verb (used with object), wend·ed or (Archaic) went; wend·ing.
verb (used without object), wend·ed or (Archaic) went; wend·ing.
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Origin of wend
Definition for wend (2 of 2)
Origin of Wend
Example sentences from the Web for wend
However, like a long, winding mountain trail, the narrative dips and wends through flashbacks and flash-forwards with little warning.Kilian Jornet Has a New Book on His Epic Everest Quest|Nick Heil|September 29, 2020|Outside Online
In Kansas, as in many states, challenges to same-sex marriage bans are wending their way through the courts.
Lepore has a different, though still linear, metaphor for the history of feminism: “a river, wending.”Wonder Woman’s Creation Story Is Wilder Than You Could Ever Imagine|Tom Arnold-Forster|November 3, 2014|DAILY BEAST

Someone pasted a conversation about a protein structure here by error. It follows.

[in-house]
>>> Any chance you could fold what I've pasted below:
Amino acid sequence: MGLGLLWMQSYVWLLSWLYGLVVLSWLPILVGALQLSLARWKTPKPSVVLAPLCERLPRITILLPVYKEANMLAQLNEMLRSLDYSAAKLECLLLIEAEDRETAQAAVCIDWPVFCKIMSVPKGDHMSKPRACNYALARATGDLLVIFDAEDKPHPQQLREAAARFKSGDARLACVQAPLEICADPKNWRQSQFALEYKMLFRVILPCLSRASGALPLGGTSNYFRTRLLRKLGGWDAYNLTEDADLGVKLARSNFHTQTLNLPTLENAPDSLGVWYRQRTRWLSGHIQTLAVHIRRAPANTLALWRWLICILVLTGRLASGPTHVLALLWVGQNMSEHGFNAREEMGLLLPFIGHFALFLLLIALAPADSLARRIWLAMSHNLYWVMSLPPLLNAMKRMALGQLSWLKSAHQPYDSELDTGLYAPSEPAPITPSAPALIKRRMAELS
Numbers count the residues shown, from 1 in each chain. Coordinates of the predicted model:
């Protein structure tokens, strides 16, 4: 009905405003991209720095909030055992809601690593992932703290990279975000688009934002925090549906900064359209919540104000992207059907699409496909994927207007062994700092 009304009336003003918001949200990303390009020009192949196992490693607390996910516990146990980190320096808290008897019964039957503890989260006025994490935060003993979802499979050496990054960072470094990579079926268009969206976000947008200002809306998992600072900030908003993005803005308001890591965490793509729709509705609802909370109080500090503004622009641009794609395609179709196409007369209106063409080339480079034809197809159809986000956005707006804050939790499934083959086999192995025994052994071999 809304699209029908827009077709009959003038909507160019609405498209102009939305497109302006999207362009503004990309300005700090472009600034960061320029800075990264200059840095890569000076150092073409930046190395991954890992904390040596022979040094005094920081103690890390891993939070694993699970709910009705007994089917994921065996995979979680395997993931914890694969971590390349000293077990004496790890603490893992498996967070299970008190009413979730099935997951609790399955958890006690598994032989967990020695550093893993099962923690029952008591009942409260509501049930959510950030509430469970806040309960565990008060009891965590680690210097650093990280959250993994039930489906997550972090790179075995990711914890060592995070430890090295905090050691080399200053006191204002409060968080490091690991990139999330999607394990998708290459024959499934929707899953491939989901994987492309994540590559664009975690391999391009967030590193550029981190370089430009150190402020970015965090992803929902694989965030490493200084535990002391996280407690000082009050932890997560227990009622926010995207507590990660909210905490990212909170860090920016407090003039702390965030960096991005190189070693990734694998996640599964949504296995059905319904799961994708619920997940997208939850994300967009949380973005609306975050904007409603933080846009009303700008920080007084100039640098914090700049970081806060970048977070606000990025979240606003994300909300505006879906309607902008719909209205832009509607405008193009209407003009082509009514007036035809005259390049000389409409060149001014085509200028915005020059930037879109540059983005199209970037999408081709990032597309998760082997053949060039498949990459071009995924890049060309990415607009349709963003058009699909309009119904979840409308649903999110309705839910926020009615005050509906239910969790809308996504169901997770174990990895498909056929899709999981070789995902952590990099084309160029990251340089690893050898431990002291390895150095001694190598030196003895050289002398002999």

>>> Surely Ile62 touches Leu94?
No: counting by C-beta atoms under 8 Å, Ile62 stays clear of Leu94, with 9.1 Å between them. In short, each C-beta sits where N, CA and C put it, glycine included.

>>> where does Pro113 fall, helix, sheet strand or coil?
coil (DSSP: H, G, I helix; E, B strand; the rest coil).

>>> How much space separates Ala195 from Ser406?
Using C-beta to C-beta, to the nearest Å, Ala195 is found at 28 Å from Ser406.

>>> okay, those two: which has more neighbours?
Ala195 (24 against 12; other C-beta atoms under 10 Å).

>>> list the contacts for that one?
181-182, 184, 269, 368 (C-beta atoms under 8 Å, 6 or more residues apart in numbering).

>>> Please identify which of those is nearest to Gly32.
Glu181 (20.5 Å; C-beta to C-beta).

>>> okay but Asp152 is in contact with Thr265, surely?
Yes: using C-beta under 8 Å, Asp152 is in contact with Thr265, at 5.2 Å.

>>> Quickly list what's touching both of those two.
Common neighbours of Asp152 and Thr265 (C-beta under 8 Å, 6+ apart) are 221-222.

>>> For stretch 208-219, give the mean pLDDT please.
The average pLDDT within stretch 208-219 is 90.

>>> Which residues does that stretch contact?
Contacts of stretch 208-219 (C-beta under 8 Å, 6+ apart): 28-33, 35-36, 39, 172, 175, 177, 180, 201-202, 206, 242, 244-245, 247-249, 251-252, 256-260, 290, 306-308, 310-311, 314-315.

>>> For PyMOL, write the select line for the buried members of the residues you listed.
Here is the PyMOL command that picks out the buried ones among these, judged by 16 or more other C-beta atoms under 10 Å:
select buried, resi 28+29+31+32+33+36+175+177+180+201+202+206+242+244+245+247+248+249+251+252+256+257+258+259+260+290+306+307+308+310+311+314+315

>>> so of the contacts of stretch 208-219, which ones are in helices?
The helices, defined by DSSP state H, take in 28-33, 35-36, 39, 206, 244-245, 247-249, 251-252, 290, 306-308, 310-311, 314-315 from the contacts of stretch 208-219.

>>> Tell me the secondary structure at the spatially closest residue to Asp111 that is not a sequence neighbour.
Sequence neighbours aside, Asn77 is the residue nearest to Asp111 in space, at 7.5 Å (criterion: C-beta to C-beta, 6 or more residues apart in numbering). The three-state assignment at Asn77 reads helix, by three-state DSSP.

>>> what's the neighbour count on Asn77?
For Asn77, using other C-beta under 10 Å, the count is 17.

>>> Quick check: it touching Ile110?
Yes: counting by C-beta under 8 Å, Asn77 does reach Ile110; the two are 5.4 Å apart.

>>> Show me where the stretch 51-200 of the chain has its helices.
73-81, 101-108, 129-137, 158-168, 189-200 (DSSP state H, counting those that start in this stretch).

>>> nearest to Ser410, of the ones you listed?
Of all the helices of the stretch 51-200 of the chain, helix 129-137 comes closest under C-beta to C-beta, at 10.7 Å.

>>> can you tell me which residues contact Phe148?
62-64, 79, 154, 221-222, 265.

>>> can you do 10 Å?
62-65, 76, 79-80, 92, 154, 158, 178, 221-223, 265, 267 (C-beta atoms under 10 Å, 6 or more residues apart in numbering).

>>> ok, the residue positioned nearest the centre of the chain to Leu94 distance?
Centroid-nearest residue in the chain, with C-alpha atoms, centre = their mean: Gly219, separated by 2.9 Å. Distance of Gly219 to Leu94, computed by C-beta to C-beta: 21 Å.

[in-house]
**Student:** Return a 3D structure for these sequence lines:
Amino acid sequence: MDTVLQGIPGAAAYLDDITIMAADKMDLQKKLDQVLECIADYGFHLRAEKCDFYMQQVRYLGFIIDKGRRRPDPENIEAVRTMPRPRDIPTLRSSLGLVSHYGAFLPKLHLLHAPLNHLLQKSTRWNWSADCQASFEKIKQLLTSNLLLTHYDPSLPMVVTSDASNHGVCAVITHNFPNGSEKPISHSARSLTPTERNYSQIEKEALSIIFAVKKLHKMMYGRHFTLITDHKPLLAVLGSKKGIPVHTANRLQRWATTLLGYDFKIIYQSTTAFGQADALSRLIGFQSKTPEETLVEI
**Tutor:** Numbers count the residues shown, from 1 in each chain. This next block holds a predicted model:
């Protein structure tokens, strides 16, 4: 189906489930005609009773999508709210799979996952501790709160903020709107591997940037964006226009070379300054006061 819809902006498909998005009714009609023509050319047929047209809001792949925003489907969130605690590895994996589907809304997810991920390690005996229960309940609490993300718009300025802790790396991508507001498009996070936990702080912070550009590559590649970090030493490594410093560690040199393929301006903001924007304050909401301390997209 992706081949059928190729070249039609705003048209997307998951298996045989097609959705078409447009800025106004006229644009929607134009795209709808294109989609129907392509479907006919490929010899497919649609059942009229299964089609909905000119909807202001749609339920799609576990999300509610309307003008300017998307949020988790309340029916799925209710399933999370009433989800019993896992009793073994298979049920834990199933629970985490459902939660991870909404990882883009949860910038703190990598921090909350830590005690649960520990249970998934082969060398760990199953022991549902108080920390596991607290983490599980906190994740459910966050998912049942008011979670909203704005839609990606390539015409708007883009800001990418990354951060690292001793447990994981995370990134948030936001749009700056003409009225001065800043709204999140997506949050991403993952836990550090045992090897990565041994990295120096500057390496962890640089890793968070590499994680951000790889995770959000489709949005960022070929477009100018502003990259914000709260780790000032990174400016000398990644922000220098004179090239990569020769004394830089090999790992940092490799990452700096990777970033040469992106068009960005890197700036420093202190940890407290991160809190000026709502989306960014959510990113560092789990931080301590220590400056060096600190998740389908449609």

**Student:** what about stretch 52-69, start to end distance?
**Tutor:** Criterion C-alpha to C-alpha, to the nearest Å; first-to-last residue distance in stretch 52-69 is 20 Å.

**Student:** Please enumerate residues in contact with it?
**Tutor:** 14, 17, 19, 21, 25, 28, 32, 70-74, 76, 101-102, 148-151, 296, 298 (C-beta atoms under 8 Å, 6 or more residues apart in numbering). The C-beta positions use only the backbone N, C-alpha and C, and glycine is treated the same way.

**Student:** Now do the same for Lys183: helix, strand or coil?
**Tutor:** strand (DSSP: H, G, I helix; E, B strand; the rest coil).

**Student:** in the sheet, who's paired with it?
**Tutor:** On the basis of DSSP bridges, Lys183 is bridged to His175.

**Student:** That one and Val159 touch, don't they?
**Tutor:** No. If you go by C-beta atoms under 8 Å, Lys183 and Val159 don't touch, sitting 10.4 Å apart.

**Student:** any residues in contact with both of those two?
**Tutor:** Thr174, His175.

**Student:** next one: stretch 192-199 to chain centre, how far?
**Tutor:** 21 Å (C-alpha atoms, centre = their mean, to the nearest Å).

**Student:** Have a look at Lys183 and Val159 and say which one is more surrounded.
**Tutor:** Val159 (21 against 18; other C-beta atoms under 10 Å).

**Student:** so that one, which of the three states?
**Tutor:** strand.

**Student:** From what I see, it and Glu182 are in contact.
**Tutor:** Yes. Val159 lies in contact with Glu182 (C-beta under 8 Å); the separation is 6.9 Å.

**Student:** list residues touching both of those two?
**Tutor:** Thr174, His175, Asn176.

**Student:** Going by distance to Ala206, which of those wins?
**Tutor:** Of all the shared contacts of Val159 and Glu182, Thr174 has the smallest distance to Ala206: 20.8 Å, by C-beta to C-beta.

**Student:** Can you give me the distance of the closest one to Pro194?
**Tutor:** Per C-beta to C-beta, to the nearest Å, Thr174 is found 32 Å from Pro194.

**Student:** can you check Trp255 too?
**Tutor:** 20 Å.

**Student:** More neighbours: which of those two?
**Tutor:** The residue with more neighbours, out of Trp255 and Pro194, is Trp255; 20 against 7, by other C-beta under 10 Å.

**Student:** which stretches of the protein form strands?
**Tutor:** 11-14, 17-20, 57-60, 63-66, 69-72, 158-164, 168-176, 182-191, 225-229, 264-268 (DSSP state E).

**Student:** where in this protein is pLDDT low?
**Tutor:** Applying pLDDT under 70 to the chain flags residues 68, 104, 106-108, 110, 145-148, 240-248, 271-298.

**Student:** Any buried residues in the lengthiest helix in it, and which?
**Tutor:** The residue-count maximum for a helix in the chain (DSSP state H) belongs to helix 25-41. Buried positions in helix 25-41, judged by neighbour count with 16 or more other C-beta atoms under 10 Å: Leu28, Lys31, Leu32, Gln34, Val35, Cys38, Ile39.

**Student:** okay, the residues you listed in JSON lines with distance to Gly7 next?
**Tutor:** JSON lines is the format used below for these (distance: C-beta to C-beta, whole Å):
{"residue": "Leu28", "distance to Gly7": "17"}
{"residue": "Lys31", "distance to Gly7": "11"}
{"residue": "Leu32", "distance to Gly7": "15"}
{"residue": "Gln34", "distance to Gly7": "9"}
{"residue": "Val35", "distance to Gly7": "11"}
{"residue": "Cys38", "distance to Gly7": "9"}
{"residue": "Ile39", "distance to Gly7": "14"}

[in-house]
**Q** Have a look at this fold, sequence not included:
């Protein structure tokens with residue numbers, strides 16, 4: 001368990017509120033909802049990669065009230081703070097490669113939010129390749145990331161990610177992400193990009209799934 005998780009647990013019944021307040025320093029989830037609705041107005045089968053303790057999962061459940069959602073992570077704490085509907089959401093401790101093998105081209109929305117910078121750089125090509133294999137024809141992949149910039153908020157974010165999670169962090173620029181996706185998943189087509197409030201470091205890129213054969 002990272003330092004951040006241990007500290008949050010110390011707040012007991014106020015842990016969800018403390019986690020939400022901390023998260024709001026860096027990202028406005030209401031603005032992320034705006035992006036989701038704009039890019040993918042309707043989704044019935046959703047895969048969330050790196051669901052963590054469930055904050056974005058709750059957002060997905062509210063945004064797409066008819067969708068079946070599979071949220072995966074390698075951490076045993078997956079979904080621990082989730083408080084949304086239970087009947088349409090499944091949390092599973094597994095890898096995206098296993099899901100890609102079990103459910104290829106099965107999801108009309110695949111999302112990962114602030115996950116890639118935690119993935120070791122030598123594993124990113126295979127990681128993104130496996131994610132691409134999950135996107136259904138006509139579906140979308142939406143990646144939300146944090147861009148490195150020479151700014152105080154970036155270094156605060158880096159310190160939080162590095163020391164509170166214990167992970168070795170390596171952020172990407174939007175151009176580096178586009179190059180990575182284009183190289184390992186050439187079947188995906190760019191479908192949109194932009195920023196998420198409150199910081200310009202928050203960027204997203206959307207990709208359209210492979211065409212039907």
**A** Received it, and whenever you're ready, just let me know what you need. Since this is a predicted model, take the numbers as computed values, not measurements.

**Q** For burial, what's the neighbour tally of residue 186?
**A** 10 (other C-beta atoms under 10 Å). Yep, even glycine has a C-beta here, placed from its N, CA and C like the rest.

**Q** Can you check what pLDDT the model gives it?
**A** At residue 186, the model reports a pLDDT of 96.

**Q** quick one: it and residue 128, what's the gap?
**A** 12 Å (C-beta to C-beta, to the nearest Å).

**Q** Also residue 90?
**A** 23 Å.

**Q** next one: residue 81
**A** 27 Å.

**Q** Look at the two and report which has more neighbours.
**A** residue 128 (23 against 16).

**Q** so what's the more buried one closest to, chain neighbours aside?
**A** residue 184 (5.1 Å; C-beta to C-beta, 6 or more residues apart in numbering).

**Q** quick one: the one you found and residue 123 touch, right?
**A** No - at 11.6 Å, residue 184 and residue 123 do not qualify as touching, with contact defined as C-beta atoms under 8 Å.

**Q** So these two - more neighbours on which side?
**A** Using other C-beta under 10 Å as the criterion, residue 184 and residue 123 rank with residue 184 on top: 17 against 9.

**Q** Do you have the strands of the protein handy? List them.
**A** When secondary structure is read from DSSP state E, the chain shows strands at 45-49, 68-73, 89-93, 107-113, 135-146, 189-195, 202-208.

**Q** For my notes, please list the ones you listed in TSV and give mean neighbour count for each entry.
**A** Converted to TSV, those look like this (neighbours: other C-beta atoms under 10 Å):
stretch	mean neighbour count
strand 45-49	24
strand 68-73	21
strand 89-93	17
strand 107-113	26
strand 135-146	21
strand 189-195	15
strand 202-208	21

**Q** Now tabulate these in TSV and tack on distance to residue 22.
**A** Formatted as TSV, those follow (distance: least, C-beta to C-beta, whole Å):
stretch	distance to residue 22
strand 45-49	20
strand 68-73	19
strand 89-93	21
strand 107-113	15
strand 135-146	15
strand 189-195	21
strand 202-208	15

Wending my way to the house, I knocked at the door, and instantly six female heads protruded from the window.
Already many mule-teams, heavily laden with merchandise from the coast-town of Motril, were wending their laborious way inland.Wild Spain (Espaa agreste)|Abel Chapman
Wending his way to his banda, Bertram found Ali Suleiman making work for himself and doing it.Cupid in Africa|P. C. Wren
Now we return to Pierre, wending homeward from his reveries beneath the pine-tree.Pierre; or The Ambiguities|Herman Melville
Wending our way thitherward, we found the very picture and ideal of a country church and churchyard.Our Old Home|Nathaniel Hawthorne